People may acquire property and other assets before they are in a relationship. While in a relationship, they may separately acquire additional property. When the couple plans to get married, they may decide to outline in a prenuptial agreement the terms and conditions of their marriage as well as for a possible divorce in the future.
A prenuptial agreement, or prenup, is legal contract between a couple that they enter into before getting married. Oregon law defines a prenup as an agreement made in contemplation of marriage between prospective spouses. The contract must be in writing and signed by both parties The agreement does not go into effect until the couple marries.
Each person in the couple brings their premarital property into the marriage. Each prospective spouses property owns and possesses the property separate from the other prospective spouse. Although a couple does not foresee a divorce in the future, the prenuptial agreement is created to outline marital guidelines and divorce arrangements within the limits of the law.
State law lists the matters that parties to a prenuptial agreement may contract about, including:
- Rights and obligations of property of one or both parties
- Permissive terms and use of property of one or both parties
- Modifying or eliminating spousal support
- Disposition of property upon separation, divorce, or death
- Making a will or trust to carry out the terms of the prenuptial agreement
- Terms in case of incapacitation
Although a premarital agreement is effective upon marriage, it must also be enforceable under state law. Unenforceability may occur if a person does not enter into the agreement voluntarily. The agreement may also be unenforceable if the contract is unconscionable before and at the time of the execution of the prenuptial agreement. Unconscionable means that an action is so unjust or is extremely one-sided in favor of the person with greater bargaining power. Essentially, the victim of the unconscionable agreement has enter into a contract that is not only against her best interest but may also violate her legal rights.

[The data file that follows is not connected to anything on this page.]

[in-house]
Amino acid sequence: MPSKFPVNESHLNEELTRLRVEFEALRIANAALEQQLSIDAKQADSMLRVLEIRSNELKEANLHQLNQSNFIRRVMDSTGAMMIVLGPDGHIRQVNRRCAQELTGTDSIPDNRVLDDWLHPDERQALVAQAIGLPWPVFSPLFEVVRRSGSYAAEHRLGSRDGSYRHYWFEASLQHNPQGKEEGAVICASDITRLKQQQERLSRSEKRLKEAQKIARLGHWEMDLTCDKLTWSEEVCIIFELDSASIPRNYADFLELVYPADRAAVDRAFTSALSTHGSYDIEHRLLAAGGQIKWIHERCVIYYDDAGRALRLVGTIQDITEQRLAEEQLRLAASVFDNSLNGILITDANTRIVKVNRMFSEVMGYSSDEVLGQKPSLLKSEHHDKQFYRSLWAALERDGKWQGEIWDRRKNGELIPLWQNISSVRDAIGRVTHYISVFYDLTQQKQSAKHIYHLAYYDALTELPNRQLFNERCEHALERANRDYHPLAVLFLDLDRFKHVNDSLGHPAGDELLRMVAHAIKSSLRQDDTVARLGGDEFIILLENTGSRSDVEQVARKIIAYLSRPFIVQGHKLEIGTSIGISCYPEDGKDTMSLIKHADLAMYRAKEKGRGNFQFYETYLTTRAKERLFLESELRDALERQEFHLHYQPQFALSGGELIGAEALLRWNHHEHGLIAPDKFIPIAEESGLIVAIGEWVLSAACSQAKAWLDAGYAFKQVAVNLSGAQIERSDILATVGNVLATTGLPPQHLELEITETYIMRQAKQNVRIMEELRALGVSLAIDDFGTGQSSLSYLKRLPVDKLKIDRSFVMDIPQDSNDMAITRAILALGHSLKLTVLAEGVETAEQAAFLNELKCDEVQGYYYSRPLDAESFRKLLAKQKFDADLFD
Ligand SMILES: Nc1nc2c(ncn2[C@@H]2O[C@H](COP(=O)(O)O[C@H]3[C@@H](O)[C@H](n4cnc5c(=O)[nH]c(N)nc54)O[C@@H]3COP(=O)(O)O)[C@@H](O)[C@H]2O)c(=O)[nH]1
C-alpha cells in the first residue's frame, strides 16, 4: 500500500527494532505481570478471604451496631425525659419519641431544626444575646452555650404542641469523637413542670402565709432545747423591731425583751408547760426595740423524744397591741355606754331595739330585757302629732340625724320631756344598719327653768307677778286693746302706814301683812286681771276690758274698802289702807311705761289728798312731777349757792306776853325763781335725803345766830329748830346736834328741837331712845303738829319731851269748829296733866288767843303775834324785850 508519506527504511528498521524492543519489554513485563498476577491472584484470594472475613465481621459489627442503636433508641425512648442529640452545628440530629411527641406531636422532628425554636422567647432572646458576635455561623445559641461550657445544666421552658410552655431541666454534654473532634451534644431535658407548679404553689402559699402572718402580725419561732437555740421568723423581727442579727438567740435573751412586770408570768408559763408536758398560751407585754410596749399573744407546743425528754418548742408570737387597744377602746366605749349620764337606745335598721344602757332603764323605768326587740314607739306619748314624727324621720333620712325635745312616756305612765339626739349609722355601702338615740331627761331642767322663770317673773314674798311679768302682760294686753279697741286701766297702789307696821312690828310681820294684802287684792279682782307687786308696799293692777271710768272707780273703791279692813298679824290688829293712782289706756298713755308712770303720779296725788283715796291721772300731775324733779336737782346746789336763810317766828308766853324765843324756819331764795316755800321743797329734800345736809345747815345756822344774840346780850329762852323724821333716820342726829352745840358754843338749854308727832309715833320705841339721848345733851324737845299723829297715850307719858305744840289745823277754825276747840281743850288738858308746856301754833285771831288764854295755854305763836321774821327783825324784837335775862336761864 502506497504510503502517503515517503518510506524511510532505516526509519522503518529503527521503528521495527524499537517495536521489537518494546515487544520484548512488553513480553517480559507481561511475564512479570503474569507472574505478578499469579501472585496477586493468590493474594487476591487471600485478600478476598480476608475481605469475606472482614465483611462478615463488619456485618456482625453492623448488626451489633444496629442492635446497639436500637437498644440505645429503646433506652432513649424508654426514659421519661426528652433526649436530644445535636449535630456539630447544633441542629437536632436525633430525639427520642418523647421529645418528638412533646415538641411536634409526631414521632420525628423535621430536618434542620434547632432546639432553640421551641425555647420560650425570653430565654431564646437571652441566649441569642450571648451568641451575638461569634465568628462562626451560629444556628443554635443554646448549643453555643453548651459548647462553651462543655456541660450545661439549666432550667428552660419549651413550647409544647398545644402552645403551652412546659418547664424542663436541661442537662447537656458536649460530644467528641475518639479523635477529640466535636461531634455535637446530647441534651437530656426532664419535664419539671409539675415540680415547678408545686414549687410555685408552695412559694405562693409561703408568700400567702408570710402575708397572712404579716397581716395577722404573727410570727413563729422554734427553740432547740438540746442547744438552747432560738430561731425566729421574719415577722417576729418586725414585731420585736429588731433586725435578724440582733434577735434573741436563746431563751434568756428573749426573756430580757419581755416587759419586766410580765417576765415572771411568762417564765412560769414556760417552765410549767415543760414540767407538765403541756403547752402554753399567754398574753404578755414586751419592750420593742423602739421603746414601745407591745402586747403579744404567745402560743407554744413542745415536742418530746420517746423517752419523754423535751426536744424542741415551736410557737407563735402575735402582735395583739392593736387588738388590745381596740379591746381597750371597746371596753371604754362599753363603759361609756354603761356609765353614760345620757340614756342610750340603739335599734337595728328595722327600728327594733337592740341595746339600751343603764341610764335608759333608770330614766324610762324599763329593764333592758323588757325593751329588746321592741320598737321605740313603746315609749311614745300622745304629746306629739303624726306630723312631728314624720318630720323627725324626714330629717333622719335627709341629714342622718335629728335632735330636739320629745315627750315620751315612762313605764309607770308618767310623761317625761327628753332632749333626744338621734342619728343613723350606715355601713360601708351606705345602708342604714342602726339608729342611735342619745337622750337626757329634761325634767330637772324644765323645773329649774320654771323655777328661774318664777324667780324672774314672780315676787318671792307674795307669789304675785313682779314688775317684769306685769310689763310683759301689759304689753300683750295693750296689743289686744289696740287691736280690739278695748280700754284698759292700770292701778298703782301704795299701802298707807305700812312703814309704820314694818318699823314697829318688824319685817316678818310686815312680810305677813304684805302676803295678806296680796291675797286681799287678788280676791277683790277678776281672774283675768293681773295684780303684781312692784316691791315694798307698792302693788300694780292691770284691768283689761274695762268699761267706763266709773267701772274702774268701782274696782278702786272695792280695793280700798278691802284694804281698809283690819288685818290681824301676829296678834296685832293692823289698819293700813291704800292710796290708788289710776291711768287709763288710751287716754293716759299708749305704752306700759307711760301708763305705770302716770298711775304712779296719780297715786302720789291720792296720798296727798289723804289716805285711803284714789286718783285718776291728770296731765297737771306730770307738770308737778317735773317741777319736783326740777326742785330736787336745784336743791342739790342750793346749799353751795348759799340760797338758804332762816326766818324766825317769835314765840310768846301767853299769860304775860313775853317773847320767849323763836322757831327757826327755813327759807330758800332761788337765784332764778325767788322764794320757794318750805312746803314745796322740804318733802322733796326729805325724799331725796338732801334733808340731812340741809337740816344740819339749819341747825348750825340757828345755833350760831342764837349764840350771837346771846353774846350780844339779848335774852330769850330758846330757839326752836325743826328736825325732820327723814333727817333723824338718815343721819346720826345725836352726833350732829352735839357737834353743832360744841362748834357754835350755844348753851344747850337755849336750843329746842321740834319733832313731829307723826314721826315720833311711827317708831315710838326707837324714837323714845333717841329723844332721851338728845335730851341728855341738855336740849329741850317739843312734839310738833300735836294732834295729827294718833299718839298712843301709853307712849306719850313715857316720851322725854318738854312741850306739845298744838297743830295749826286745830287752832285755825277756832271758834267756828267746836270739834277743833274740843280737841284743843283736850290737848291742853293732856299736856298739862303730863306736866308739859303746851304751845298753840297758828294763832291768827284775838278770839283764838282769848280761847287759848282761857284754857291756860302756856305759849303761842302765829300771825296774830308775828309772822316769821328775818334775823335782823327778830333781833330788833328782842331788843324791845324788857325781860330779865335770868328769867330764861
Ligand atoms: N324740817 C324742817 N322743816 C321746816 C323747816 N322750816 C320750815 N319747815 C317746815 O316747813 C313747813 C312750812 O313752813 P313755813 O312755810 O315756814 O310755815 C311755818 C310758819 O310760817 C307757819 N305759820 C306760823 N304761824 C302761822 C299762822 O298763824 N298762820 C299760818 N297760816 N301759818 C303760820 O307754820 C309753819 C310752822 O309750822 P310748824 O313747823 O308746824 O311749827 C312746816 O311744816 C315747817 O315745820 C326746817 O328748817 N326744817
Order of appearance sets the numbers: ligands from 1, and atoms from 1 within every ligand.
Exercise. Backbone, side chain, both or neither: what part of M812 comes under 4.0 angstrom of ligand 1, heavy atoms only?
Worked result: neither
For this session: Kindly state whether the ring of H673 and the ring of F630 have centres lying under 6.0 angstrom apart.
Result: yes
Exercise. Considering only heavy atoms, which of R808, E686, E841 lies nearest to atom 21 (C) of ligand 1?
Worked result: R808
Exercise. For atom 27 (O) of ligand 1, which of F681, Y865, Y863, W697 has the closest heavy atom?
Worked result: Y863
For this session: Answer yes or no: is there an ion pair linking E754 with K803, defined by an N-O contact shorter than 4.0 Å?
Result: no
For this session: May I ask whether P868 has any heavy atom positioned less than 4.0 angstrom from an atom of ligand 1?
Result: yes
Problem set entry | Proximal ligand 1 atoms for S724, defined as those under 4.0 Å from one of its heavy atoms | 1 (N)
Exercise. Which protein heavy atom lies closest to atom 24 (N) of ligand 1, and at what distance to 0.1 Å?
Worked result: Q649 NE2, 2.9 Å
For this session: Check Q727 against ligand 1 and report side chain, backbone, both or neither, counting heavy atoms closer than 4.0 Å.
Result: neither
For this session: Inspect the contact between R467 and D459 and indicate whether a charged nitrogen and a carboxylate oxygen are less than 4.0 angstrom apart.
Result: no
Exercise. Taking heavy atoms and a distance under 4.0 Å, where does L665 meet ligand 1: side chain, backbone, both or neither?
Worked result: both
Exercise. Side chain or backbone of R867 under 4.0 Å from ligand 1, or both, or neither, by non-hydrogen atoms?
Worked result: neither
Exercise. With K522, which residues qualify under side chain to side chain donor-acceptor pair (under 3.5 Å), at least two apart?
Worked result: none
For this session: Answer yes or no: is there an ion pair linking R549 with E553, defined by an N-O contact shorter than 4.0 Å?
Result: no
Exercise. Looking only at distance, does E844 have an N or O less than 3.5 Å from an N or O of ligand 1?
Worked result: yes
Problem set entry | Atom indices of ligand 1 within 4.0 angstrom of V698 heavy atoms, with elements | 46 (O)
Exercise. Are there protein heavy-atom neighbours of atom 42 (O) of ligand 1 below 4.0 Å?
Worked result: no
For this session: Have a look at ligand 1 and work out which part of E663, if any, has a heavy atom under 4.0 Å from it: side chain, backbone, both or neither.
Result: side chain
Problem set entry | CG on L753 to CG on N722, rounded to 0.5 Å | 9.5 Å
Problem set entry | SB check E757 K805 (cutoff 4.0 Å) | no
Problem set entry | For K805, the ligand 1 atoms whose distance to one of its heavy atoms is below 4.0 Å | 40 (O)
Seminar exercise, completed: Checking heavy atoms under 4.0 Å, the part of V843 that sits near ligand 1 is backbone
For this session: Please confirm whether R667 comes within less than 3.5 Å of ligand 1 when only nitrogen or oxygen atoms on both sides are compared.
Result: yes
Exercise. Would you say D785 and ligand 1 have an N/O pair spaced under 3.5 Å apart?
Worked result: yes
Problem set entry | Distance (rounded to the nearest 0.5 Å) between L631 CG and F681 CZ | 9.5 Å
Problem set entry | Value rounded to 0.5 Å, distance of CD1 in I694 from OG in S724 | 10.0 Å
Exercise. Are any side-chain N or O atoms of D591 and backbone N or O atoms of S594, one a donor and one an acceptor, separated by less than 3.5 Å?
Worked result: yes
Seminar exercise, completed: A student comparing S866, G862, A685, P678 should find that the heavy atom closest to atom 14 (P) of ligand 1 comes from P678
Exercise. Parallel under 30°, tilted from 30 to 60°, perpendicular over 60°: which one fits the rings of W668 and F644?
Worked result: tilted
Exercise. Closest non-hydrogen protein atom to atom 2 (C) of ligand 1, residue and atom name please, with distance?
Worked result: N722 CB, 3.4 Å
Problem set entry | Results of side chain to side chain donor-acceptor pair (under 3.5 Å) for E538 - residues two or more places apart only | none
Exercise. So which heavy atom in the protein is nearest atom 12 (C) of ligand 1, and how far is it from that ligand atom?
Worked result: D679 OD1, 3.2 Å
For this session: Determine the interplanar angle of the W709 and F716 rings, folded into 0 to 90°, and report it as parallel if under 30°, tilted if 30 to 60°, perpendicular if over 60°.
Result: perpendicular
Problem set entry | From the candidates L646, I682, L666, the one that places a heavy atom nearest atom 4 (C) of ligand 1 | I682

To enter voluntarily into a prenuptial agreement, each party must receive fair and reasonable disclosure of the other party’s property and financial obligations. A couple’s disclosures of their respective property and finances allows each contracting party to make a knowing decision to accept the terms of the prenup. If one party failed to fully disclose their assets and obligations, they must show that the other party voluntarily and expressly waived the right to receive disclosure beyond what the party already disclosed. The lack of full disclosure is only permissible if the other party had knowledge of or reasonably could have found an adequate method of discovering out the full extent of the prospective spouse’s property and financial obligations
One benefit of having a prenuptial agreement is that prospective spouses can determine the distribution of property upon dissolution of marriage, commonly known as divorce, Oregon divorce laws sets forth how courts determine the distribution of spouses’ separate and marital property. Separate property is property owned by one spouse and acquired before marriage or after marriage as a gift, through inheritance, or under a will. Marital property is property acquired after marriage whether held in the name of one or both spouses.
In Oregon divorces, the court spouses must submit a list of assets. Unless the couple can agree on their own how to distribute their assets, the court determines whether the assets or separate or marital property. Property designated a marital property is distributed between the divorcing spouses by equitable distribution. This form of property division distribute property in a manner that is just and proper to both spouses. The distribution may not be an equal split; one spouse may receive more property than the other spouse. Also, the status of separate property can change to marital property in a process known as transmutation. If a spouse commingles their separate property into the financial affairs or funds of the marriage, the separate property may become marital property and subject to equitable distribution upon divorce.
A prenuptial agreement can help to resolve the issue of separate and marital property. The agreement can state what property is or will be designed separate or marital property. It can even declare what property acquired after marriage may be designated as separate property. Additionally, the prenup can resolve issues of alimony, death, incapacity, and financial obligation at a time in the relationship when both parties are likely at their most amicable.